An Industry in Recovery: Reviving the Peruvian Wine Trade
In the recent years, the international wine industry has been set abuzz by the small samplings of first-rate wines from Peru. Though still relatively unknown in most foreign markets, Peru has all the potential needed to become the next wine juggernaut from the Americas. For starters, the country’s land composition and climate are very similar to that of Chile’s, which means the land is well-suited to vine growing. Another thing going for Peru is that it has almost five centuries’ worth of experience in wine production. And not to mention this South American country was named in 2017 the “World’s Leading Culinary Destination” for the sixth year in a row by the World Travel Awards, beating other more notable contenders like France and Spain.
The Rise and Fall of the Early Peruvian Wine Industry
For a country in the New World, Peruvian viticulture has deep roots extending to the 1540s. Like most of its neighboring regions, the art of winemaking was brought to the country by Spanish colonists. According to 16th century historians, the legacy of systematic winemaking in the Americas began with widespread vine planting in the surrounding areas of Ica, in Southern Peru. The settlers from Extremadura and Andalucia had used these early vineyards to introduce wine grapes to the region.
By the start of the 17th century, South Central Peru was already home to the largest and most well-known vineries in the South American continent. This period also marked the start of Peru’s flourishing wine trade, with local vineyards exporting wine to the mining city of Potosi, located in modern-day Bolivia. However, the industry’s success was short-lived.
In 1687, Peru was struck with a magnitude 8.7 earthquake that saw the destruction of large sections of Ica, Lima, and Callao. Most of the country’s top wineries and wine storage cellars were instantly destroyed, effectively halting the country’s wine boom.
The industry suffered another blow at the suppression of the Jesuits in 1767. Vineries owned by Jesuit missionaries were auctioned off. Unfortunately, the new owners of these vineyards didn’t have the viticultural expertise needed to ramp up wine production. In the end, the country’s local wine supply just continued to dwindle. Winemakers also began focusing on other types of liquor.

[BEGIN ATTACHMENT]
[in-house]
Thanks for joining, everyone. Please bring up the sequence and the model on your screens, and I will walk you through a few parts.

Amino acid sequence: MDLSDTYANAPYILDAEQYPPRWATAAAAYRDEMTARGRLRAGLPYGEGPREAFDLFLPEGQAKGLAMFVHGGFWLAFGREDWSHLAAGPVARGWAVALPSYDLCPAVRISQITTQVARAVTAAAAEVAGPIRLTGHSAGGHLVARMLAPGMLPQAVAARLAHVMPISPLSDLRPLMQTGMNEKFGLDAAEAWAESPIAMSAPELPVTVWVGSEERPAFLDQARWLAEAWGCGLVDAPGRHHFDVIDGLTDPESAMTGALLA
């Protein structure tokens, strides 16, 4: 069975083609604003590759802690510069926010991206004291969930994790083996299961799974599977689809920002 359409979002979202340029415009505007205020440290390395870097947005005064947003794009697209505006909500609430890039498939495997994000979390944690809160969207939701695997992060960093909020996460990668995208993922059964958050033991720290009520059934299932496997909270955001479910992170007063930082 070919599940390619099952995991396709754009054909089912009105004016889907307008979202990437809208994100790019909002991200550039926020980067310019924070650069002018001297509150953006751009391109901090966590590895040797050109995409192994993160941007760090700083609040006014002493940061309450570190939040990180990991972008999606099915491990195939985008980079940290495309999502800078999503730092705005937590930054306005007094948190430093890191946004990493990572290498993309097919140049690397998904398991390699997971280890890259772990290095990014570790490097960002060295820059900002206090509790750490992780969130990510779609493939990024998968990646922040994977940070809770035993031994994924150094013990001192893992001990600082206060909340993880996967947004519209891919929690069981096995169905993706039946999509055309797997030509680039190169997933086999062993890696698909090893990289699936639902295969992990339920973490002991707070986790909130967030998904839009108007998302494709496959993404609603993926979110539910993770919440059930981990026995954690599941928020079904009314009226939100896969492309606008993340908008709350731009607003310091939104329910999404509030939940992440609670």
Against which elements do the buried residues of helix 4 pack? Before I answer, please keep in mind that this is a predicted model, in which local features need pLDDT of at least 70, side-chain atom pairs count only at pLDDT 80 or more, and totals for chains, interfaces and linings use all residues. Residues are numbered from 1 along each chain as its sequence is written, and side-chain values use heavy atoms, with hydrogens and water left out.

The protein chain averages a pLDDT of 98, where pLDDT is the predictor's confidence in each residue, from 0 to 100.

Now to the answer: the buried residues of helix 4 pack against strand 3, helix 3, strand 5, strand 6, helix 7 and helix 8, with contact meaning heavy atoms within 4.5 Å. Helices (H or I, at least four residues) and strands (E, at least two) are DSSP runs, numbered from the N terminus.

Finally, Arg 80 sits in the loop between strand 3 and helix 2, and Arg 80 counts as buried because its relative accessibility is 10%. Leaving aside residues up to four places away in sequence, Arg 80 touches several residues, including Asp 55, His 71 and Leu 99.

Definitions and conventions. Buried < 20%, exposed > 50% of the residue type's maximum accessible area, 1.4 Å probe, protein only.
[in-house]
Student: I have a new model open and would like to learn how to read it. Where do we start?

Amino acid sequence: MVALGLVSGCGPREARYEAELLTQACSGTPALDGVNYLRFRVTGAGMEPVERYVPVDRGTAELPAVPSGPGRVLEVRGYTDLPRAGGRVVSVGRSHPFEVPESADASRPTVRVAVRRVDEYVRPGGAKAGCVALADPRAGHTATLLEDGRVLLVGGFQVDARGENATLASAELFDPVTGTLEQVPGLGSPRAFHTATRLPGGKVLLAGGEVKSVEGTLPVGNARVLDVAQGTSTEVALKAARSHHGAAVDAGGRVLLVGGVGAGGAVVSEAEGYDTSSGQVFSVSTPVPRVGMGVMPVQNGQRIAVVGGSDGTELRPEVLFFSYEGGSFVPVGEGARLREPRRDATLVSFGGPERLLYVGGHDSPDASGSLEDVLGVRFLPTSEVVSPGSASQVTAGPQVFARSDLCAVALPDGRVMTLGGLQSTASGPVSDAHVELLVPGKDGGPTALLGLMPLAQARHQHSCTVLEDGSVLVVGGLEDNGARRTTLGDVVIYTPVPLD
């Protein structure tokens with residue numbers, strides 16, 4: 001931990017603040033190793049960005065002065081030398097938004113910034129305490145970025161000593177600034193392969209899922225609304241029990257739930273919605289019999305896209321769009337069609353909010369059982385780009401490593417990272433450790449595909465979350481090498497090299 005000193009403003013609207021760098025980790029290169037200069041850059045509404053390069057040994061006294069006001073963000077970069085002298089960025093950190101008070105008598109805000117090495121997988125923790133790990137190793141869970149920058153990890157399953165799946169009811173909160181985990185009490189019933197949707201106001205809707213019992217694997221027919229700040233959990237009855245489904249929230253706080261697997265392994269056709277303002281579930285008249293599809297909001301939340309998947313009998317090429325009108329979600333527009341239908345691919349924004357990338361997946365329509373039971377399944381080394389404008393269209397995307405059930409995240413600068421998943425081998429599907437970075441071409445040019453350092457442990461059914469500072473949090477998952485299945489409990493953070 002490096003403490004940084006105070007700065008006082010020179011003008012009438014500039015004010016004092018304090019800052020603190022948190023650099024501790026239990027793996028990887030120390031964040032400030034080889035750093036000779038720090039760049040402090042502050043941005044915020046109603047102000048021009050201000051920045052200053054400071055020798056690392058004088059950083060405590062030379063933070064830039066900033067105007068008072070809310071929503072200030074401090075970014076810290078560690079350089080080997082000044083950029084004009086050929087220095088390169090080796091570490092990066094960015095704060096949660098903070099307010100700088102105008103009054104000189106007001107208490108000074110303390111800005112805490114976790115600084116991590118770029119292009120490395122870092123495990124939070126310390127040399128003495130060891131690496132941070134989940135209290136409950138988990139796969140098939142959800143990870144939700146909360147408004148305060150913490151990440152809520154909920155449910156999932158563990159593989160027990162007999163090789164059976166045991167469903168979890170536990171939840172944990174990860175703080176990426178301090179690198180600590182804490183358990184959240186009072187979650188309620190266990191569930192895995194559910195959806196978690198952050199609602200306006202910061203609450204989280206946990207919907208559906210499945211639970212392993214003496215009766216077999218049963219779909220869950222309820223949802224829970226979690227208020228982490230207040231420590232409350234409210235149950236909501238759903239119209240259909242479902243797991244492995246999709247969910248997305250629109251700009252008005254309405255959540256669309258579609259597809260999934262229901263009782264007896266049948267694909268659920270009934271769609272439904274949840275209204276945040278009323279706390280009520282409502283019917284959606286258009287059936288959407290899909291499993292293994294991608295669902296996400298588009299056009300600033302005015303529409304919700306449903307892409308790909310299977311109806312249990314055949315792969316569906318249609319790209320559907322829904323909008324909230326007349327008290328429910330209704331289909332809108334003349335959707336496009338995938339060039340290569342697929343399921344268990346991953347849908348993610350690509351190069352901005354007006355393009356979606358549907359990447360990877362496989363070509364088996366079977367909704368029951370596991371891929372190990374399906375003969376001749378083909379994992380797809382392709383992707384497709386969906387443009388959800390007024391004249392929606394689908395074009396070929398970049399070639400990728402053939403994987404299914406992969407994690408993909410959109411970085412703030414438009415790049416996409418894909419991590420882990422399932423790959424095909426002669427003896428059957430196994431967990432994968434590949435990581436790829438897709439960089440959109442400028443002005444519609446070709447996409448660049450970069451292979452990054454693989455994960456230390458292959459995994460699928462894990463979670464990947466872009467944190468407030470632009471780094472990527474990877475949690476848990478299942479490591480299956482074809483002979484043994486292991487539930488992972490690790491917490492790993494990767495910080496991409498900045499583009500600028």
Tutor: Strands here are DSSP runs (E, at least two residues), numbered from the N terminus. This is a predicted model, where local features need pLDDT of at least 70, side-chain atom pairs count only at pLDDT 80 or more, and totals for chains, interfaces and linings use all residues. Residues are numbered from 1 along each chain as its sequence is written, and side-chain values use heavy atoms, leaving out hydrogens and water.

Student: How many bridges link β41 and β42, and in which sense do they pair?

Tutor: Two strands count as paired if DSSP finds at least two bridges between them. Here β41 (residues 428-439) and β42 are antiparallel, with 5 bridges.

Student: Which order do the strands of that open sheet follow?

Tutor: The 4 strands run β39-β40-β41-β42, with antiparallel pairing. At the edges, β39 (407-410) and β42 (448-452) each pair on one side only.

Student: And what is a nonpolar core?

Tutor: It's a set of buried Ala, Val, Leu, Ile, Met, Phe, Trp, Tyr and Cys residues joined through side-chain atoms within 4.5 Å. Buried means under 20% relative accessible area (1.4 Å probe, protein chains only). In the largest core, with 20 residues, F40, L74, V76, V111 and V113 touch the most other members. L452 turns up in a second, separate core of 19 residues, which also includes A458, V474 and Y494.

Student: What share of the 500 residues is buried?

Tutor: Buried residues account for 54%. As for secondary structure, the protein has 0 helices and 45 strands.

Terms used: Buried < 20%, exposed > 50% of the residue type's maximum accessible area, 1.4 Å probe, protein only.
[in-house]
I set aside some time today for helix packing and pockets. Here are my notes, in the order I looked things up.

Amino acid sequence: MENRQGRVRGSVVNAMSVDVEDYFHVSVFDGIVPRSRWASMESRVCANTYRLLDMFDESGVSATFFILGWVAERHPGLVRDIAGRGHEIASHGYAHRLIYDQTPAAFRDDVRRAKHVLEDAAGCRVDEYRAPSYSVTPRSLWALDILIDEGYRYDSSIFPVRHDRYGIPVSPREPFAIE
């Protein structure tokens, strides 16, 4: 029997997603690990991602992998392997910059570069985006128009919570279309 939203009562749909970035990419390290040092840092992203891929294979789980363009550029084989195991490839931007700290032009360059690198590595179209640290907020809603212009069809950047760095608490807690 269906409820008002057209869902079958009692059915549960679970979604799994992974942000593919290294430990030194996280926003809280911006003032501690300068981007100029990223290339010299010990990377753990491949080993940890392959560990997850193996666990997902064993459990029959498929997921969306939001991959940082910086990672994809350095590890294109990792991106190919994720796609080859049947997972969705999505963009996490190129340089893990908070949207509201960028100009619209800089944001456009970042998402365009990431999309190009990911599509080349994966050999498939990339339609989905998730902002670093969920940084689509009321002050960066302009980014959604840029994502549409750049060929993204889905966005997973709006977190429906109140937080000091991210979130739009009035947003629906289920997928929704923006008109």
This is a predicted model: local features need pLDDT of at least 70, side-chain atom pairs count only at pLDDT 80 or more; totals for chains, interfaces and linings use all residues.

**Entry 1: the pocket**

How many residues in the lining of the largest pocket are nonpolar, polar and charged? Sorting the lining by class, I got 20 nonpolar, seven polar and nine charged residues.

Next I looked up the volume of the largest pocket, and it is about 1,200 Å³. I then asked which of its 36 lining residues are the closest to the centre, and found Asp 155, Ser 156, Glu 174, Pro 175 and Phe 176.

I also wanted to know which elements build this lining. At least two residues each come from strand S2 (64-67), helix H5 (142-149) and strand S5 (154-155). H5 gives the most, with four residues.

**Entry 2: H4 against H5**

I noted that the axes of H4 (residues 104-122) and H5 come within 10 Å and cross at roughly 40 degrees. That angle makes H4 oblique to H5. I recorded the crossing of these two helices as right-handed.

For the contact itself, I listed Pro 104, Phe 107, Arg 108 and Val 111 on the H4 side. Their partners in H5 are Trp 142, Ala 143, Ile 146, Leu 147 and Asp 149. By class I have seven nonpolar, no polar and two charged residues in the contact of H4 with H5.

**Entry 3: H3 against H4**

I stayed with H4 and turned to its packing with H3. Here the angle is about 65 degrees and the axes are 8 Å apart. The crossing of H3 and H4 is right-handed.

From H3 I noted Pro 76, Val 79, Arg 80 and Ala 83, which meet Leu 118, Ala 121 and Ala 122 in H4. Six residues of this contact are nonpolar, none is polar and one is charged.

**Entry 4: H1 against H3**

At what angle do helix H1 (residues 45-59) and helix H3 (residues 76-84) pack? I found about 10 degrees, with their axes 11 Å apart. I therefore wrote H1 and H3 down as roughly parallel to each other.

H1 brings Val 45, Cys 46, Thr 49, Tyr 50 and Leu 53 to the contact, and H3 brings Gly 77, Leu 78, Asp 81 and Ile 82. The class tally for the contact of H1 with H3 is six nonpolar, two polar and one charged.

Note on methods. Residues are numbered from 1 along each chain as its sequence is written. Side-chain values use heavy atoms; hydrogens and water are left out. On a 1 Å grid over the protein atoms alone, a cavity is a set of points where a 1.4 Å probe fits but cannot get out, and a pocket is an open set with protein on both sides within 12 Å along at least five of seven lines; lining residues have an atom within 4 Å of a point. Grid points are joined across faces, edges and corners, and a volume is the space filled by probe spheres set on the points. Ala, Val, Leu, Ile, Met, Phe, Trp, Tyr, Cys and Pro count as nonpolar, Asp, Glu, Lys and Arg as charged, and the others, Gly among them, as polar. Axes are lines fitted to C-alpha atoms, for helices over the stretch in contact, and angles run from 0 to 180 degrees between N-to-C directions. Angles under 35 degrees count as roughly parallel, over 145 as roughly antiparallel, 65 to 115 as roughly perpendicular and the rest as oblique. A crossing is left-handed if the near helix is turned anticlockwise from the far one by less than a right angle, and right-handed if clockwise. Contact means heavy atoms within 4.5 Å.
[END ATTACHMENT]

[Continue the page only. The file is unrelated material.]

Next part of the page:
By the late 18th century, only 10% of local vineyards were creating wine; the rest had shifted to the production of Pisco. As the demand for wine remained high, Peru had to start importing tipple from Chile.
In the 19th century, the large demand for cotton in Europe and the United States had many winemakers converting their vine area into cotton fields. This move, though lucrative for the former vignerons, left the wine industry in tatters.
By the time the 20th century rolled in, the country’s vine area had gone from 125,000 acres in the 1800s, to 2,500 acres in the 1980s.
A 21st Century Revival
Peru regained its economic footing in the early 2000s. Along with the stability of the local economy came a resurgence in the public’s interest in winemaking. Today, the country’s vine area is estimated to be at 11,000-15,000 hectares. Many of the country’s wineries, particularly those in Ica, are also producing high-quality tipple that rivals the offerings of their European counterparts.
Navigating the Landscape